Awareness days are effective in the promotion of a wide selection of subjects and causes and can stimulate enhanced public knowledge and engagement.
Firmly established within the international awareness calendar, Back Care Awareness Week will take place between 3 and 7 October 2022.
In order to fully appreciate the value of this particular awareness campaign, we need to understand the contextual factors. By far the most prominent factor, back pain is considered to be the leading cause of disability worldwide, with approximately 90% of the global population affected at some point in their lifetime.
For those of us who can already count ourselves as part of that affected 90%, we understand the disruptive influence that back pain can cause to daily lives. It can dramatically limit our capabilities within the workplace as well as in our personal lives. Once active lifestyles can be dramatically reduced. Back pain can and does lead to anxiety, depression and disability.
Anyone can develop back pain at any stage of their life, including children and young adults.
Factors that can increase the risk of back pain include:
- Age - back pain becomes more prevalent as people get older.
- Excess weight can place people’s backs under additional stress.
Lack of fitness -weak muscles in the abdomen and back can lead to back pain.
- Smoking - smokers maintain an increased risk of back pain.
- Disease - some health conditions and disease can cause back pain.
- Improper lifting - improper lifting techniques can lead to injury and back pain.
- Mental health - people suffering with anxiety or depression appear to be at greater risk of back pain.
In the UK workplace, musculoskeletal disorders, including back injury and associated pain, are a significant risk to workers, especially those employed within manual occupations.
As of 2021, it was reported that 470,000 workers in the UK were suffering from work-related musculoskeletal disorders (new or long-standing). Of this number, back injury accounted for approximately 182,000 cases. While it may be no surprise that ‘construction’ activities maintain the highest estimated prevalence rate for musculoskeletal disorders within the UK, ‘human health and social work activities’ was also considered to be above the national average.
Risk factors to look out for in the workplace can include:
- Lifting heavy or bulky loads.
- Pushing, pulling or dragging heavy loads.
- Repetitive tasks.
- Bending, crouching or stooping.
- Stretching, twisting and reaching.
- Working beyond physical capability.
To protect workers, employers in the UK are required to:
- Avoid work activities that can cause back pain, where it is reasonably practicable to do so.
- Assess such activities that cannot be avoided to identify what can be done to reduce the risk of back pain to workers.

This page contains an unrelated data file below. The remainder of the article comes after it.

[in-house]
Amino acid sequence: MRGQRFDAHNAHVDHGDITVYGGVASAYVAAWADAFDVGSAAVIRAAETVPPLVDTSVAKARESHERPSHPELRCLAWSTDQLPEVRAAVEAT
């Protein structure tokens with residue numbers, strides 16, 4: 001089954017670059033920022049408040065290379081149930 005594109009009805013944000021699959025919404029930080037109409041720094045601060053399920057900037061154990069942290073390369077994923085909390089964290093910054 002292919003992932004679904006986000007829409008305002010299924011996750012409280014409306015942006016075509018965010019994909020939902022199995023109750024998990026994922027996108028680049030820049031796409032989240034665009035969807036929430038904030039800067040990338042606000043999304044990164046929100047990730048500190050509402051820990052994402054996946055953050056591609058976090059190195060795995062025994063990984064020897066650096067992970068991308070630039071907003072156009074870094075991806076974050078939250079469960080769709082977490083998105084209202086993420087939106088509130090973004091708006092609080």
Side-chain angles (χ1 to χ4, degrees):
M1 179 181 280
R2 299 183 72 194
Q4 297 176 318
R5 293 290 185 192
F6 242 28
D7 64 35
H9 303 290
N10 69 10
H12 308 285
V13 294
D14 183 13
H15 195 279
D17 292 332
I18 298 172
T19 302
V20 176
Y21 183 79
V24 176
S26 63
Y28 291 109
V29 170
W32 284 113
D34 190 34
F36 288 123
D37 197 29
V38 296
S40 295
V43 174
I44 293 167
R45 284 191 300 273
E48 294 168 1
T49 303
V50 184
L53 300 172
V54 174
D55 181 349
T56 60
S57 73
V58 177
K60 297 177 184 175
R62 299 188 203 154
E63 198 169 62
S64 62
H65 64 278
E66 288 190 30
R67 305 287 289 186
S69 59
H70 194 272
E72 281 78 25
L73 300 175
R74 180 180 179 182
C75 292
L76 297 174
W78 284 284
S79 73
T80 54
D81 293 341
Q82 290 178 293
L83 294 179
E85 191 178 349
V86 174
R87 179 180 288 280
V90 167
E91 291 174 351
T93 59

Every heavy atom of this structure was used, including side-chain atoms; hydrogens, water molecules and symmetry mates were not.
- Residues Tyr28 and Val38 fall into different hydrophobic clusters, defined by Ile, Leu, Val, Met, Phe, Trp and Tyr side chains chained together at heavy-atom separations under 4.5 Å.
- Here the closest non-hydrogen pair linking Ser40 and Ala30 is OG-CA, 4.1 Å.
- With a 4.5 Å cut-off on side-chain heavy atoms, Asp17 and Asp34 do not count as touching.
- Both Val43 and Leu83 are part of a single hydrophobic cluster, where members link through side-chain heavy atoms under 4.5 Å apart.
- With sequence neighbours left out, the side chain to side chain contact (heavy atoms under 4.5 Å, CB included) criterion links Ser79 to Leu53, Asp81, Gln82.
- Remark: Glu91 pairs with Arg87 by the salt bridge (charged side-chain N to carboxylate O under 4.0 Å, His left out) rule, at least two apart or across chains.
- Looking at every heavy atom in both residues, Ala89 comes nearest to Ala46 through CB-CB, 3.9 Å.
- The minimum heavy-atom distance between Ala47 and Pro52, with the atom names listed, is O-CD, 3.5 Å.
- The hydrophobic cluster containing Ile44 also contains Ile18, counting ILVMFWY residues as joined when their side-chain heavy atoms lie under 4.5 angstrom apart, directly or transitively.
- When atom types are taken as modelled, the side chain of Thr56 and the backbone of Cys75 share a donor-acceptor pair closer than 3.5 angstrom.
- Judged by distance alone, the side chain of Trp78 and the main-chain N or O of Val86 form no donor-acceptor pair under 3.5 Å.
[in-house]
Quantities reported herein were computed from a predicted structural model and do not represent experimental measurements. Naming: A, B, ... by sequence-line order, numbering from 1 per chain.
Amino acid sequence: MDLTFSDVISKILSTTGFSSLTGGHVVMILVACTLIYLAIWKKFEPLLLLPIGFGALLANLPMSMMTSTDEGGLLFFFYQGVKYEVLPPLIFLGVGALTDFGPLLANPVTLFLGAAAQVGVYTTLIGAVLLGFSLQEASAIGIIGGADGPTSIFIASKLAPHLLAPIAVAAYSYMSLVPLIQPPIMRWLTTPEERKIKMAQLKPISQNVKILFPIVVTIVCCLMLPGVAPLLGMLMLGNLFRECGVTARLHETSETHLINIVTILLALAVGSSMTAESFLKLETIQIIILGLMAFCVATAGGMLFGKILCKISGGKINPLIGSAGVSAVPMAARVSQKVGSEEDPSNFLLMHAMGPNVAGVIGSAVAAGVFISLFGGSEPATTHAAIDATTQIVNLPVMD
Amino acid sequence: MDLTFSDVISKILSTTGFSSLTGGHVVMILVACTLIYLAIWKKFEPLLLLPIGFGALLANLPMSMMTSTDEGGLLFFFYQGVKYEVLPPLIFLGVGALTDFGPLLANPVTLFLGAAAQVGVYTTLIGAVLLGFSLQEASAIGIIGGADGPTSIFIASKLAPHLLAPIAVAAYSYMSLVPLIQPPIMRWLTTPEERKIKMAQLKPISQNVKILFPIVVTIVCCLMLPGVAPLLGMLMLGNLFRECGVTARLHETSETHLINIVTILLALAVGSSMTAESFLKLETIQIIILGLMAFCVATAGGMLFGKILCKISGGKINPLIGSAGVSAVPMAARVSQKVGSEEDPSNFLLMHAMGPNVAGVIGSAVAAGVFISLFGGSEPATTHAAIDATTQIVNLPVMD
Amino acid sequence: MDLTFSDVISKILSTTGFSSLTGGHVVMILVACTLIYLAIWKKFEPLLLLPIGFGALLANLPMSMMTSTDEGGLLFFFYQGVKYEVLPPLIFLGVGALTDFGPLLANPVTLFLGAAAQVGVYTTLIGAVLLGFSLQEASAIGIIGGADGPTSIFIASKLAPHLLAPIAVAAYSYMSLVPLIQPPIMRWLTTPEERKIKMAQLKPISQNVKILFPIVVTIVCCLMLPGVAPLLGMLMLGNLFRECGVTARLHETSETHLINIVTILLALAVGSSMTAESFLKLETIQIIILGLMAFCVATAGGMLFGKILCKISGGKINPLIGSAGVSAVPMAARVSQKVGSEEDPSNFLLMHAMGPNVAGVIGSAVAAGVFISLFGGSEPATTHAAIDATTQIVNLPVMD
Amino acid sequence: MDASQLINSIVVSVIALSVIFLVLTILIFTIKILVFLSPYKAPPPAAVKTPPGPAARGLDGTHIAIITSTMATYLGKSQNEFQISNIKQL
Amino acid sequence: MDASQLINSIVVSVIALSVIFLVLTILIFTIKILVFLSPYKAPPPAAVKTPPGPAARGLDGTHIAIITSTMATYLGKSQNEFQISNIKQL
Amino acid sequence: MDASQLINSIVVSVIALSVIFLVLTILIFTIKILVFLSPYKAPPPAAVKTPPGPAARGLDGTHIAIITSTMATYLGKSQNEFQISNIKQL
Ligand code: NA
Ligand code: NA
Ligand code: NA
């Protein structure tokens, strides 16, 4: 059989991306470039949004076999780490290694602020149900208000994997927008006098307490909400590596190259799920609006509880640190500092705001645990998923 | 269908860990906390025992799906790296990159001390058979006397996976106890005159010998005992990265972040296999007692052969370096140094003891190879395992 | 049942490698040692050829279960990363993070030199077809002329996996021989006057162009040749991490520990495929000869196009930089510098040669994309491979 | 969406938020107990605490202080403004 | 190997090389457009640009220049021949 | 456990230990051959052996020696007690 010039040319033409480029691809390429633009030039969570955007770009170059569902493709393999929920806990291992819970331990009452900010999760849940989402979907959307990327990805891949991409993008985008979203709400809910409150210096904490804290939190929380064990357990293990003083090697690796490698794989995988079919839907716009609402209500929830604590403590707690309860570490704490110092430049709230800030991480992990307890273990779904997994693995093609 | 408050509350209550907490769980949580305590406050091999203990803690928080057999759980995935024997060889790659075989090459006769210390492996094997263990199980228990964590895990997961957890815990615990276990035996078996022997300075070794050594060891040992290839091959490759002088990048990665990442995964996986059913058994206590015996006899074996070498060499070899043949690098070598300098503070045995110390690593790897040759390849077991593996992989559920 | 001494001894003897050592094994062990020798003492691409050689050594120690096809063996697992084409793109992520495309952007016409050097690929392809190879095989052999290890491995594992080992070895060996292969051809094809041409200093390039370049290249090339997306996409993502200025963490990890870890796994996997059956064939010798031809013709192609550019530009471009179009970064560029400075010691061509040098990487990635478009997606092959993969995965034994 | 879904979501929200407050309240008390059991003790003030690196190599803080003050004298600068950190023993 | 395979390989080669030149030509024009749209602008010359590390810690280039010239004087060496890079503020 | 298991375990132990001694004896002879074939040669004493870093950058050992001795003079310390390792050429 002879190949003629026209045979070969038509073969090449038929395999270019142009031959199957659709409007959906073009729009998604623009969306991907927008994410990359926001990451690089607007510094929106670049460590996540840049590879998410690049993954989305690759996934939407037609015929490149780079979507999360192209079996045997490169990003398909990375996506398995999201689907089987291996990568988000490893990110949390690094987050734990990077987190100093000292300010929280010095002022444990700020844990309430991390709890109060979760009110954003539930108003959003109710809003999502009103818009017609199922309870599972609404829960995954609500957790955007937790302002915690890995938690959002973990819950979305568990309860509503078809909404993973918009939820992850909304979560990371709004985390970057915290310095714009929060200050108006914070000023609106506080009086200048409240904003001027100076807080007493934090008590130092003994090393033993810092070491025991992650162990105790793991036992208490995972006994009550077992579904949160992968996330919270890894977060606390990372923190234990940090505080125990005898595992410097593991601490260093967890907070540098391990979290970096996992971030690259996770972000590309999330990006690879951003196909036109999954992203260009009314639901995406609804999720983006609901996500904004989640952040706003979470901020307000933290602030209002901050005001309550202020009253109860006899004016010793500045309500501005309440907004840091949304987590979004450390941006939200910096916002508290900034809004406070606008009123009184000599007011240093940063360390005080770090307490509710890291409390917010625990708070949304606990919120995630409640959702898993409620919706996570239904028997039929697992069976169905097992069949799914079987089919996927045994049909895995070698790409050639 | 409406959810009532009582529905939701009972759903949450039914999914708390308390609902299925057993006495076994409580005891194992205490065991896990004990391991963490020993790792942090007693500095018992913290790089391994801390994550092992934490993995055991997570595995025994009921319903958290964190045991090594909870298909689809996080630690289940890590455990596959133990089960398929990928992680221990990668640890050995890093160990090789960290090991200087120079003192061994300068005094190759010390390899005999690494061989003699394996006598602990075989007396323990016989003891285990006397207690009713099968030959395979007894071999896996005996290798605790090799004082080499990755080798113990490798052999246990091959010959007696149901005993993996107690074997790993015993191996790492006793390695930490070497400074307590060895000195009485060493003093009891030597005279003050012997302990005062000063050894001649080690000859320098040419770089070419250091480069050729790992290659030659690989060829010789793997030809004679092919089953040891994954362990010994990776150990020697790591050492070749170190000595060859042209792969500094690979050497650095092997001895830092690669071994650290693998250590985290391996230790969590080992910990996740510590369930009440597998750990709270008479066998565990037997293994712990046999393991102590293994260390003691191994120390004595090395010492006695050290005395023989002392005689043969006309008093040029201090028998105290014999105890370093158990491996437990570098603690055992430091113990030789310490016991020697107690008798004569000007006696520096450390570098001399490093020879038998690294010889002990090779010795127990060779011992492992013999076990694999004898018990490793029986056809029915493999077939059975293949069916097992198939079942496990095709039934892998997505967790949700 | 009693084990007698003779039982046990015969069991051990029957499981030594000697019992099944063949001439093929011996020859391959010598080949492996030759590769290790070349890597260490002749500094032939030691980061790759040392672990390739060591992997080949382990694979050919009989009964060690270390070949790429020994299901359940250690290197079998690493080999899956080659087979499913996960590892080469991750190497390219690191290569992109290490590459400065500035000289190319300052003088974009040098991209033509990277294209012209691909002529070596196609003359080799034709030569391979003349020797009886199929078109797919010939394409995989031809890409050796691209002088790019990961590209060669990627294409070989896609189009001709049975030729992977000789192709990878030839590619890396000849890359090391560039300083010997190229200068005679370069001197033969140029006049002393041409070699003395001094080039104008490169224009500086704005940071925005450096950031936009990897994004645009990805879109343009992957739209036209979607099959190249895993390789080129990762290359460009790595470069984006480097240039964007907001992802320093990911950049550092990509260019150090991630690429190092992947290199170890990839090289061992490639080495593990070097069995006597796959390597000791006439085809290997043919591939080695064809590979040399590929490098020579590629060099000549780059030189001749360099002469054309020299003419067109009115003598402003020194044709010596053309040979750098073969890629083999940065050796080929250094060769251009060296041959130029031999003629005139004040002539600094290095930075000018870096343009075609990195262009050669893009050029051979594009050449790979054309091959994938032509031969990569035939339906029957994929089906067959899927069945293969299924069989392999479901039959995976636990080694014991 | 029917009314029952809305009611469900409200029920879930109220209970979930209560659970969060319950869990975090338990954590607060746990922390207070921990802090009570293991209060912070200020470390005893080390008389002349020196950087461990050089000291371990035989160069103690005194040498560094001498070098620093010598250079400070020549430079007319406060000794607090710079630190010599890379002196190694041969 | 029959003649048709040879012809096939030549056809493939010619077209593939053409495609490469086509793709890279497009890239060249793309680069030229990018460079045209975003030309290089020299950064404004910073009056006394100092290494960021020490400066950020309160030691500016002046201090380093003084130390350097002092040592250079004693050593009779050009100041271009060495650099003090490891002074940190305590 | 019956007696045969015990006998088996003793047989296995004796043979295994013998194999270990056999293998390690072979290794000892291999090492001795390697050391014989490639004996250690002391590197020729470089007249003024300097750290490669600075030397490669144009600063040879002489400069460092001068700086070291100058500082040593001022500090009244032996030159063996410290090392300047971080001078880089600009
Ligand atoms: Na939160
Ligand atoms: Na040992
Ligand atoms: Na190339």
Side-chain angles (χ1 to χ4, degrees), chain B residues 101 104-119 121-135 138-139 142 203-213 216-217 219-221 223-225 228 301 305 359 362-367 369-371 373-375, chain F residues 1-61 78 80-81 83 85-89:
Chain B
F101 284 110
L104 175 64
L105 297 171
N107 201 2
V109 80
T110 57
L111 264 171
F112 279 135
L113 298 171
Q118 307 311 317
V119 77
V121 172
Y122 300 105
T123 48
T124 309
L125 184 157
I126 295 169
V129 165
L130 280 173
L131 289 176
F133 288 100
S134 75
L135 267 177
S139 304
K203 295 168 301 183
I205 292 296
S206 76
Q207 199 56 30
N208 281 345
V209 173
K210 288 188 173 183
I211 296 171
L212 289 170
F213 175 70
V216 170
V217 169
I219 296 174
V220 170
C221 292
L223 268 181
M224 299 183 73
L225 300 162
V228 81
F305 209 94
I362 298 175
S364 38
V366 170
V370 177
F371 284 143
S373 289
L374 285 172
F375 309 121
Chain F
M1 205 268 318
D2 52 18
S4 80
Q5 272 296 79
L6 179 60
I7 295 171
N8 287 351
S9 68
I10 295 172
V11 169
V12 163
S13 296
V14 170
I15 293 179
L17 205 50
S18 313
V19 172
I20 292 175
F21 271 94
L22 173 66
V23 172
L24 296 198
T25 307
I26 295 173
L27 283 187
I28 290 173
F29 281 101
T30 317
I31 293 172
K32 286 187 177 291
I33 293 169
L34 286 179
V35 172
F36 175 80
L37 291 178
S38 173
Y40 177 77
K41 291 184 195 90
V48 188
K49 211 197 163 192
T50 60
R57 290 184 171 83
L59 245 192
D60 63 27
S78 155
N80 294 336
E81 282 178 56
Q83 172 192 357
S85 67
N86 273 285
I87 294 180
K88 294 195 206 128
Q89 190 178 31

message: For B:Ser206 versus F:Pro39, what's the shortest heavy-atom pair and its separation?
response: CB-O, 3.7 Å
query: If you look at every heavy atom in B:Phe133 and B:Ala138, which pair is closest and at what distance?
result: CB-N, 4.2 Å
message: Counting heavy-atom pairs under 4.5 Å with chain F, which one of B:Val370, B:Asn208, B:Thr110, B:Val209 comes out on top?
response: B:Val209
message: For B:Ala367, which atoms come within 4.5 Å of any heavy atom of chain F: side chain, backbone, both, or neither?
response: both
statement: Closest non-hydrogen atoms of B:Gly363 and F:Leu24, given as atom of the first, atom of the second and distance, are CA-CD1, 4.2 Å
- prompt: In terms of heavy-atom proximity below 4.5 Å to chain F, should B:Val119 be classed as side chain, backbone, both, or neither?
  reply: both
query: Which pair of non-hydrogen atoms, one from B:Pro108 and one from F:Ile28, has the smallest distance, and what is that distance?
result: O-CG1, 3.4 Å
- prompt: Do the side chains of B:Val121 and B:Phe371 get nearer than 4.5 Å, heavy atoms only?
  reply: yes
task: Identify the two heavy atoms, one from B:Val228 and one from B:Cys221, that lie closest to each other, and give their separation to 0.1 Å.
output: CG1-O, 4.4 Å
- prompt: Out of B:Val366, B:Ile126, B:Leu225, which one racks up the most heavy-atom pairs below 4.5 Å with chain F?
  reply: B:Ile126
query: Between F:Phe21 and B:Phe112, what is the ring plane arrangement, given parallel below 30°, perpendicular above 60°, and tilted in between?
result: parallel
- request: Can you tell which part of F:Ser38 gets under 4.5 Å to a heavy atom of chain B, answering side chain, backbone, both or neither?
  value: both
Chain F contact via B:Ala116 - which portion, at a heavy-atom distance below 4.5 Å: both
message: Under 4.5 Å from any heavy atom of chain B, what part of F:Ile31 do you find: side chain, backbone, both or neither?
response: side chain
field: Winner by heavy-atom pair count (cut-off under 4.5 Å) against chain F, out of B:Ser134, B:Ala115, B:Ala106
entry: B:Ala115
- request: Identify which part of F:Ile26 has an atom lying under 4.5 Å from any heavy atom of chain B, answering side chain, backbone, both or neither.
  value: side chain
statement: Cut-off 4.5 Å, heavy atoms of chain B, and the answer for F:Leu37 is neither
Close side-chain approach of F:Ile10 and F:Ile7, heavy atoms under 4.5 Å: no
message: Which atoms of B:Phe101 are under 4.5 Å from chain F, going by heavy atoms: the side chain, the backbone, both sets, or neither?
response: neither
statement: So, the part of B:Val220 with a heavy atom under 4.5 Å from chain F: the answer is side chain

- Implement any control measures that have been identified through the risk assessment.
- Monitor and review the controls at regular frequencies to gain assurance of their effectiveness.
It is a requirement for employers to consult with their workers and respond to any health and safety concerns reported to them.
While for the majority of employers, protecting their workers’ health and wellbeing is motivation enough to do all that is reasonably practicable to control the risks associated with back injury and back pain. However, for those that need additional motivation, is it worthwhile to consider that back injuries and back pain can be very costly for employers too as they may lead to prolonged absences from the workplace, reduced productivity, disruption to services, as well as the potential for the payment of fines and compensation.
Outside of the workplace, there are strategies that we can all adopt to reduce the personal risk of back pain:
- Exercise. Regular low-impact aerobic activities can be hugely beneficial.
- Walking and swimming are good options to consider.
- Improve muscle strength and flexibility. Abdominal and back muscle exercises help condition the right muscle groups.
- Lose the excess weight. Excess body weight reduction can help prevent back pain.
- Quit smoking. Smoking increases the risk of lower back pain, so quit if
- Posture. Don't slouch. Maintain a neutral pelvic position.
- Sit well. Choose a chair with good lower back support and armrests.
- Lift well. Avoid heavy lifting. If unavoidable, let the legs do the work, not the back.
Early diagnosis and treatment can often lead to a full recovery being experienced by the majority people suffering from back pain. GPs and Occupational Health Departments can provide invaluable assistance to sufferers of back pain, but only once the issue is presented to them. So, this year, lets embrace and promote Back Care Awareness week with the hope and expectation that it may lead to the reduction in people suffering from the condition.